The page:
Is there something wrong with using drums?

Along with you, I don’t have much confidence in the conspiracy theories. I do not believe that we should let our practices be driven by them because I consider them questionable. I also believe you are correct when you suggest that the issue really is not drums but how they are used.

You asked what Ellen G. White meant in the statement that you cited about drums at the Indiana camp meeting in 1900. It is always a bit risky to venture to tell someone what Mrs. White meant. In this case, we have eyewitness accounts regarding what was going on at the camp meeting. They are illuminating.

There is a great power that goes with the movement [Holy Flesh] that is on foot there. It would almost bring anybody within its scope, if they are at all conscientious, and sit and listen with the least degree of favor; because of the music that is brought to play in the ceremony. They have an organ, one bass viol, three fiddles, two flutes, three tambourines, three horns, and a big bass drum, and perhaps other instruments which I have not mentioned. . . . When they get on a high key, you cannot hear a word from the congregation in their singing, nor hear anything, unless it be shrieks of those who are half insane. . . .

After an appeal to come forward for prayers, a few of the leading ones would always come forward, to lead others to come; and then they would begin to play on the musical instruments, until you could not hear yourself think; and under the excitement of this strain, they get a large proportion of the congregation forward over and over again.—S. N. Haskell report to E. G. White, September 25, 1900. . . .

I attended the camp meeting in September of 1900, which was held at Muncie, where I witnessed first-hand the fanatical excitement and activities of these people. . . . When these fanatics conducted the services in the large pavilion, they worked themselves up to a high pitch of excitement by the use of musical instruments, such as: trumpets, flutes, stringed instruments, tambourines, an organ, and a big bass drum. They shouted and sang their lively songs with the aid of musical instruments until they became really hysterical. Many times I saw them after these morning meetings, as they came to the dining tent fairly shaking as though they had the palsy.—Burton Wade account to A. L. White, January 12, 1962.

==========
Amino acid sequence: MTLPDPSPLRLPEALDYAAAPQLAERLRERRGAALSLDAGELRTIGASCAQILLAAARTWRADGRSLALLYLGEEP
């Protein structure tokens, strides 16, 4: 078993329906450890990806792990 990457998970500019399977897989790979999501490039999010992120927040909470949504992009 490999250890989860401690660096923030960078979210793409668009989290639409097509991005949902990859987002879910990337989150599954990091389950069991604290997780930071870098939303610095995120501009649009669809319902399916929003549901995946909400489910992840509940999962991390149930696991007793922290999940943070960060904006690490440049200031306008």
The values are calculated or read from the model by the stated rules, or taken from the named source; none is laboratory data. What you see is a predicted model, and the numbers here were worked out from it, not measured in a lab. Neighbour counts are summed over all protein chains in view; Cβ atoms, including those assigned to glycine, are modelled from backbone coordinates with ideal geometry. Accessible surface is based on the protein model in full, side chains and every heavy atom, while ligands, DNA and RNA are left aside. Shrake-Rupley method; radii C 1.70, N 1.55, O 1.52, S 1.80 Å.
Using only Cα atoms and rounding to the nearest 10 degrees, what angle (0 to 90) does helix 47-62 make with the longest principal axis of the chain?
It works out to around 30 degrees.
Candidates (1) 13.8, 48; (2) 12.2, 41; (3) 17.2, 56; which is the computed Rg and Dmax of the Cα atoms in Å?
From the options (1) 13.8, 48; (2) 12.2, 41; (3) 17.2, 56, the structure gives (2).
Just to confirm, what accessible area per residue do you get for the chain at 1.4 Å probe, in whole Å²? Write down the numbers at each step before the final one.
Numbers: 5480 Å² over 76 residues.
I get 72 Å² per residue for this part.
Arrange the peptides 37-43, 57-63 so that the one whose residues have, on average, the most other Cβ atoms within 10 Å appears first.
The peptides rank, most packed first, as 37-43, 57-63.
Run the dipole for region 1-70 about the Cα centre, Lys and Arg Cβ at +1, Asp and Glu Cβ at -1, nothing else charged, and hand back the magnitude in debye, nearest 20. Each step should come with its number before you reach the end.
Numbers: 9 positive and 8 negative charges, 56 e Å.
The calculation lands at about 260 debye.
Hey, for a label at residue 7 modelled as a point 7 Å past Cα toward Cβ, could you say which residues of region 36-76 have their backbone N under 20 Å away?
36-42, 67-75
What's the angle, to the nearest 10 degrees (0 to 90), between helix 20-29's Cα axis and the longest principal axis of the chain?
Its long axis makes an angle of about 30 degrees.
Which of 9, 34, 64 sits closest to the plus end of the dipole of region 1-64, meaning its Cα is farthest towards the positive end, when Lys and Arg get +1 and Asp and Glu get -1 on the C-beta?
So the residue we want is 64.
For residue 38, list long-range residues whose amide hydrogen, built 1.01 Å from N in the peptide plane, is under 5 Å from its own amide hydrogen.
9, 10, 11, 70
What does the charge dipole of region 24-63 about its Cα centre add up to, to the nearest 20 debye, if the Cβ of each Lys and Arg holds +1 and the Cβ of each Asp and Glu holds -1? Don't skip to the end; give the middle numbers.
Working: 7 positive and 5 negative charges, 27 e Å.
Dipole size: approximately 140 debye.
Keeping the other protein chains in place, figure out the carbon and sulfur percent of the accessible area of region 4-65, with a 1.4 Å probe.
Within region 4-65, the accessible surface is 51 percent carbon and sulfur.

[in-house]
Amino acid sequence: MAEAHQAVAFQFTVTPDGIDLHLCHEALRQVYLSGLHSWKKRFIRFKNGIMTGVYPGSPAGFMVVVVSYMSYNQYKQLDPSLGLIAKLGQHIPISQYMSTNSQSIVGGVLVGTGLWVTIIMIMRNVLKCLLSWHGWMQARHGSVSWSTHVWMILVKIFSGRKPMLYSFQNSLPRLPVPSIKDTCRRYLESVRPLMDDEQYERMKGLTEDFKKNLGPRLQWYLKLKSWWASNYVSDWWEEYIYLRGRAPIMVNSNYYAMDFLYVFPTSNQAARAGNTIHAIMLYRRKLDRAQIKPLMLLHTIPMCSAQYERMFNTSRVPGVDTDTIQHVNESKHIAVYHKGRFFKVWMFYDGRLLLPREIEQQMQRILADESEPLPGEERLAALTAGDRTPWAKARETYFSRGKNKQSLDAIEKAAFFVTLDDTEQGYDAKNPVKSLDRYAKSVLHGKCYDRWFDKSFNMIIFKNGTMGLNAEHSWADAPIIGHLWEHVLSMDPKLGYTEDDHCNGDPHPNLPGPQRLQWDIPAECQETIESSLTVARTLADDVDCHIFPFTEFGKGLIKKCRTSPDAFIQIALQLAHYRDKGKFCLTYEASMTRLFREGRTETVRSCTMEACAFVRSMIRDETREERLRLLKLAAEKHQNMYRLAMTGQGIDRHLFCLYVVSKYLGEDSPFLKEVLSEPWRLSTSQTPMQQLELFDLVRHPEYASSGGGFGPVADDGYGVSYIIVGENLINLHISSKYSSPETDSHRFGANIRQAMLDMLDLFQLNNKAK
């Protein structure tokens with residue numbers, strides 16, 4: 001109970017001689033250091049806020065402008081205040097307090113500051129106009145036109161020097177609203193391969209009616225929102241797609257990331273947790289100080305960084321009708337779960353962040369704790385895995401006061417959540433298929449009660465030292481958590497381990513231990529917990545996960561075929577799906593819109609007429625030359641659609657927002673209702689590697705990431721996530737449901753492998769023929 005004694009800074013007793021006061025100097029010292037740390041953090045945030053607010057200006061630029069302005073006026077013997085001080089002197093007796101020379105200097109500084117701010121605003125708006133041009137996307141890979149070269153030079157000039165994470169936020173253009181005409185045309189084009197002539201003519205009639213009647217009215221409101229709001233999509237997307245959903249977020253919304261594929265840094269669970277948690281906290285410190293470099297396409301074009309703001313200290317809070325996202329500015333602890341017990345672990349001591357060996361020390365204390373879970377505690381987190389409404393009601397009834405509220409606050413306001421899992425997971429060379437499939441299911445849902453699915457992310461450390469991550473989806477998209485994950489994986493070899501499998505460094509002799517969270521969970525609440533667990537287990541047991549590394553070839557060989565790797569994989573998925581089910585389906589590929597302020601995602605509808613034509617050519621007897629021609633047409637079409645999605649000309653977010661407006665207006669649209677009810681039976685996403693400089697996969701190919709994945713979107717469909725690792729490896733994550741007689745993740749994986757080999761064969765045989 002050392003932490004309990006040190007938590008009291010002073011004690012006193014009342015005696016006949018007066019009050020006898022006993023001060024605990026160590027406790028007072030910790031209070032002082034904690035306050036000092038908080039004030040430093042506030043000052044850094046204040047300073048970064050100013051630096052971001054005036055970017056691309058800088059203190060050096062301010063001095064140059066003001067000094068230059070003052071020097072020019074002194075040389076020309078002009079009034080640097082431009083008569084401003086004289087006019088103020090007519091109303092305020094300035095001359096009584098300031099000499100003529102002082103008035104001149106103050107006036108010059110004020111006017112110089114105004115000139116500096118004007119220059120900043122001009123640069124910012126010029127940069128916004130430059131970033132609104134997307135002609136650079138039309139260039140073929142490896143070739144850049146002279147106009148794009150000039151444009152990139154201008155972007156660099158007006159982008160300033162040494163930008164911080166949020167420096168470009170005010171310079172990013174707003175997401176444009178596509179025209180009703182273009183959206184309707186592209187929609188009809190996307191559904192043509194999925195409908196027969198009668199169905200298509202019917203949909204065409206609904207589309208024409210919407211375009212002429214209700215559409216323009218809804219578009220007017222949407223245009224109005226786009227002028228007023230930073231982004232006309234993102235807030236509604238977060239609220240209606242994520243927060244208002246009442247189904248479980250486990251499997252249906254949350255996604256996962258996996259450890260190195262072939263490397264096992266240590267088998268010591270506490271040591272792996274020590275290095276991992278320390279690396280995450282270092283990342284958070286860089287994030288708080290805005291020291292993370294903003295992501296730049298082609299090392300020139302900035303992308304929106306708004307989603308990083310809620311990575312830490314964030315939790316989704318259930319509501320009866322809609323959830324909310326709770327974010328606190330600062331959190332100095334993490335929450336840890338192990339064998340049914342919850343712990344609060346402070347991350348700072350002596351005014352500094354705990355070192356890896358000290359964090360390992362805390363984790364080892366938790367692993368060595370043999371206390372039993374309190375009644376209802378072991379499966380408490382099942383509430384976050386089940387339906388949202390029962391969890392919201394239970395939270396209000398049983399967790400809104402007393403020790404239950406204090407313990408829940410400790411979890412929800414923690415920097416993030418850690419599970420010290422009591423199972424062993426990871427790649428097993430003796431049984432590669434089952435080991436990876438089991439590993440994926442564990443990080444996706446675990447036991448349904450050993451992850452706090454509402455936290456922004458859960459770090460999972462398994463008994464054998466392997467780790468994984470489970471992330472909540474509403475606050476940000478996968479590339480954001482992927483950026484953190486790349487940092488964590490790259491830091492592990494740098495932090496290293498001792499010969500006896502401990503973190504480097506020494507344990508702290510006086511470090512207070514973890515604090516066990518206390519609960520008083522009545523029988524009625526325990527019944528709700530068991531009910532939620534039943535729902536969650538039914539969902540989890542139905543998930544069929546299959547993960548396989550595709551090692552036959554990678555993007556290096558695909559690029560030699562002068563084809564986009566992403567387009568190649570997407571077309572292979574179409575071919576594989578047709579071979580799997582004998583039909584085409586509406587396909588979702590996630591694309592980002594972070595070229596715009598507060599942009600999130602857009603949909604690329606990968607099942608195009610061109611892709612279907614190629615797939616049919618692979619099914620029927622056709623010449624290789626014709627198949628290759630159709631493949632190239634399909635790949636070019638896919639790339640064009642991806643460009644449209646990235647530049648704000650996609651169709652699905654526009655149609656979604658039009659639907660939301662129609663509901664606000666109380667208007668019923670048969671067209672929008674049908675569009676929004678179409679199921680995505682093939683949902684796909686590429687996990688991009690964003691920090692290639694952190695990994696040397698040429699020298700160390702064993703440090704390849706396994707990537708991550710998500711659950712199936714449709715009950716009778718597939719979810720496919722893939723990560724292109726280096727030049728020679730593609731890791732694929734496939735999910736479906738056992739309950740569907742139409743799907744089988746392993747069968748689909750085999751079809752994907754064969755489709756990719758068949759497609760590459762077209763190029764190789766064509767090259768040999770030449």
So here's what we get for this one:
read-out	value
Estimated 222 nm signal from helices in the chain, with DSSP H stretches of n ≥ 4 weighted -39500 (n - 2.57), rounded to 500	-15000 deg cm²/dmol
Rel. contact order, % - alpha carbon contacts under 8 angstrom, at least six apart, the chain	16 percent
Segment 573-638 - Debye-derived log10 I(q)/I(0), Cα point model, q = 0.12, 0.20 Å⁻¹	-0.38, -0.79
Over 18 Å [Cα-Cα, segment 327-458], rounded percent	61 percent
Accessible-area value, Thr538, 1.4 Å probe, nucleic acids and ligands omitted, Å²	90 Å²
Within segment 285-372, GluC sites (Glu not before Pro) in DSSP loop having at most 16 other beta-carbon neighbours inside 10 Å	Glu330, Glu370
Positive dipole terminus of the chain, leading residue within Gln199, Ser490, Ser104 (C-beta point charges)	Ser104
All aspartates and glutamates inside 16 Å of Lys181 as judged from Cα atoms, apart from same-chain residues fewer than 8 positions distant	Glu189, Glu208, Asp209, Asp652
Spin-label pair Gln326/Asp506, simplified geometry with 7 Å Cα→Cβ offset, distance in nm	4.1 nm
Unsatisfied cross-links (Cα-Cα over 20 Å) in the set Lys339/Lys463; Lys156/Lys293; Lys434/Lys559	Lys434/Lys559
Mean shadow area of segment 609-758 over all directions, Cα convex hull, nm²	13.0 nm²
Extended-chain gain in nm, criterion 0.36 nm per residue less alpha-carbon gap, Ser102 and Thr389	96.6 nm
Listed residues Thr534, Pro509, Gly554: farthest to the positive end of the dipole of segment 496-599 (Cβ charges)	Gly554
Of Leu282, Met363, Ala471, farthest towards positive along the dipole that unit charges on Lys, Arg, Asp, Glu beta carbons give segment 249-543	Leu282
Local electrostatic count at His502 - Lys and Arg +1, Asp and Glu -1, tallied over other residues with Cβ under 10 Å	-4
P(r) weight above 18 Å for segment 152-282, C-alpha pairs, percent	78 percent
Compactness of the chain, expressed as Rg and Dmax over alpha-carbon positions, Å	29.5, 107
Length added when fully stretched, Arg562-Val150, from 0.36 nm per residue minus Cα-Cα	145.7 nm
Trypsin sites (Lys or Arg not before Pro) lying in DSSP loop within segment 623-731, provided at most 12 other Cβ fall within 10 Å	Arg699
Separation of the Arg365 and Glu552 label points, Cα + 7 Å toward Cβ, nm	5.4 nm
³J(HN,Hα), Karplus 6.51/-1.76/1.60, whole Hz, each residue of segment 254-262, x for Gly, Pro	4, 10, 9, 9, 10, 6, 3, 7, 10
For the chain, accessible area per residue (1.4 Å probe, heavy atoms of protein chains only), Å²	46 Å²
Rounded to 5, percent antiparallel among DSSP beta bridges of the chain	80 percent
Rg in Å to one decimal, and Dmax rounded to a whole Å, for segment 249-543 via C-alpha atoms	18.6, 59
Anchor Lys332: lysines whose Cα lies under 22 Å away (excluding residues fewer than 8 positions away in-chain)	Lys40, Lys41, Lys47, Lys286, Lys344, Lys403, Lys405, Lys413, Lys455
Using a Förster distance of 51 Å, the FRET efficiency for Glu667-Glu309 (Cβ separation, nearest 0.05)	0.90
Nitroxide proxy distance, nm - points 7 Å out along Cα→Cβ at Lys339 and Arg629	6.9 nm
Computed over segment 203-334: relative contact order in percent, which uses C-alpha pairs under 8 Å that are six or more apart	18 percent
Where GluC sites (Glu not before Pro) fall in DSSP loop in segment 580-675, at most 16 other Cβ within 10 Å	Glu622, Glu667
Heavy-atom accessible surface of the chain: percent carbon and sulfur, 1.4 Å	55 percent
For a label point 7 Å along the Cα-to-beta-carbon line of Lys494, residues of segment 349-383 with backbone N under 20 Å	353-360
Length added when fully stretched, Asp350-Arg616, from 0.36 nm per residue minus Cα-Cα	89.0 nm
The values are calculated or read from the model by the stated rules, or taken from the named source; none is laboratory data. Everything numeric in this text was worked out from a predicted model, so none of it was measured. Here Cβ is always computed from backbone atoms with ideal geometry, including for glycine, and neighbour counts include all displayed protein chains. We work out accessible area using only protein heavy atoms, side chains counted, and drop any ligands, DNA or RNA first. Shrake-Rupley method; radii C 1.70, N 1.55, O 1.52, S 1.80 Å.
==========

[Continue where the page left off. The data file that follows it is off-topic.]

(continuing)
With that background, let me return to your point about how drums are used. When I was in college in the 1960s, I played in the college band. We did a little touring and even played for the Sabbath morning church services in a number of places. Some of the sacred pieces we did included a judicious use of snare drums, as well as bass drum, tympani, and cymbals. I think I recall an arrangement of “Onward, Christian Soldiers,” for instance, in which the snare drums helped to provide the ambiance of marching. There was nothing irreverent or inappropriate about this, in my opinion. The music was sacred and dignified. Further, I recall that even Handel’s “Hallelujah” from Messiah uses timpani. So, in my opinion, the issue is not drums, but how they are used.

The problem in Mrs. White’s day in Indiana, as I understand it, was that the instruments were used to stir up an excitement among the people that had little to do with the moving of the Holy Spirit. . . . The type of music used today in some churches may not be just the same as what was used there, but many things appear similar. Dance tunes applied to sacred words, music played loudly, excitement stirred up, and influences from theological currents foreign to Adventist teaching are some that come to mind. In addition, the performances accompanying these songs tend to elicit applause for the performer—like an entertainment—rather than appreciation for God. These things, rather than what instruments are used, seem to me to be the significant issues. If we settled these matters, we would not find much occasion to discuss whether drums are appropriate. I think that would take care of itself.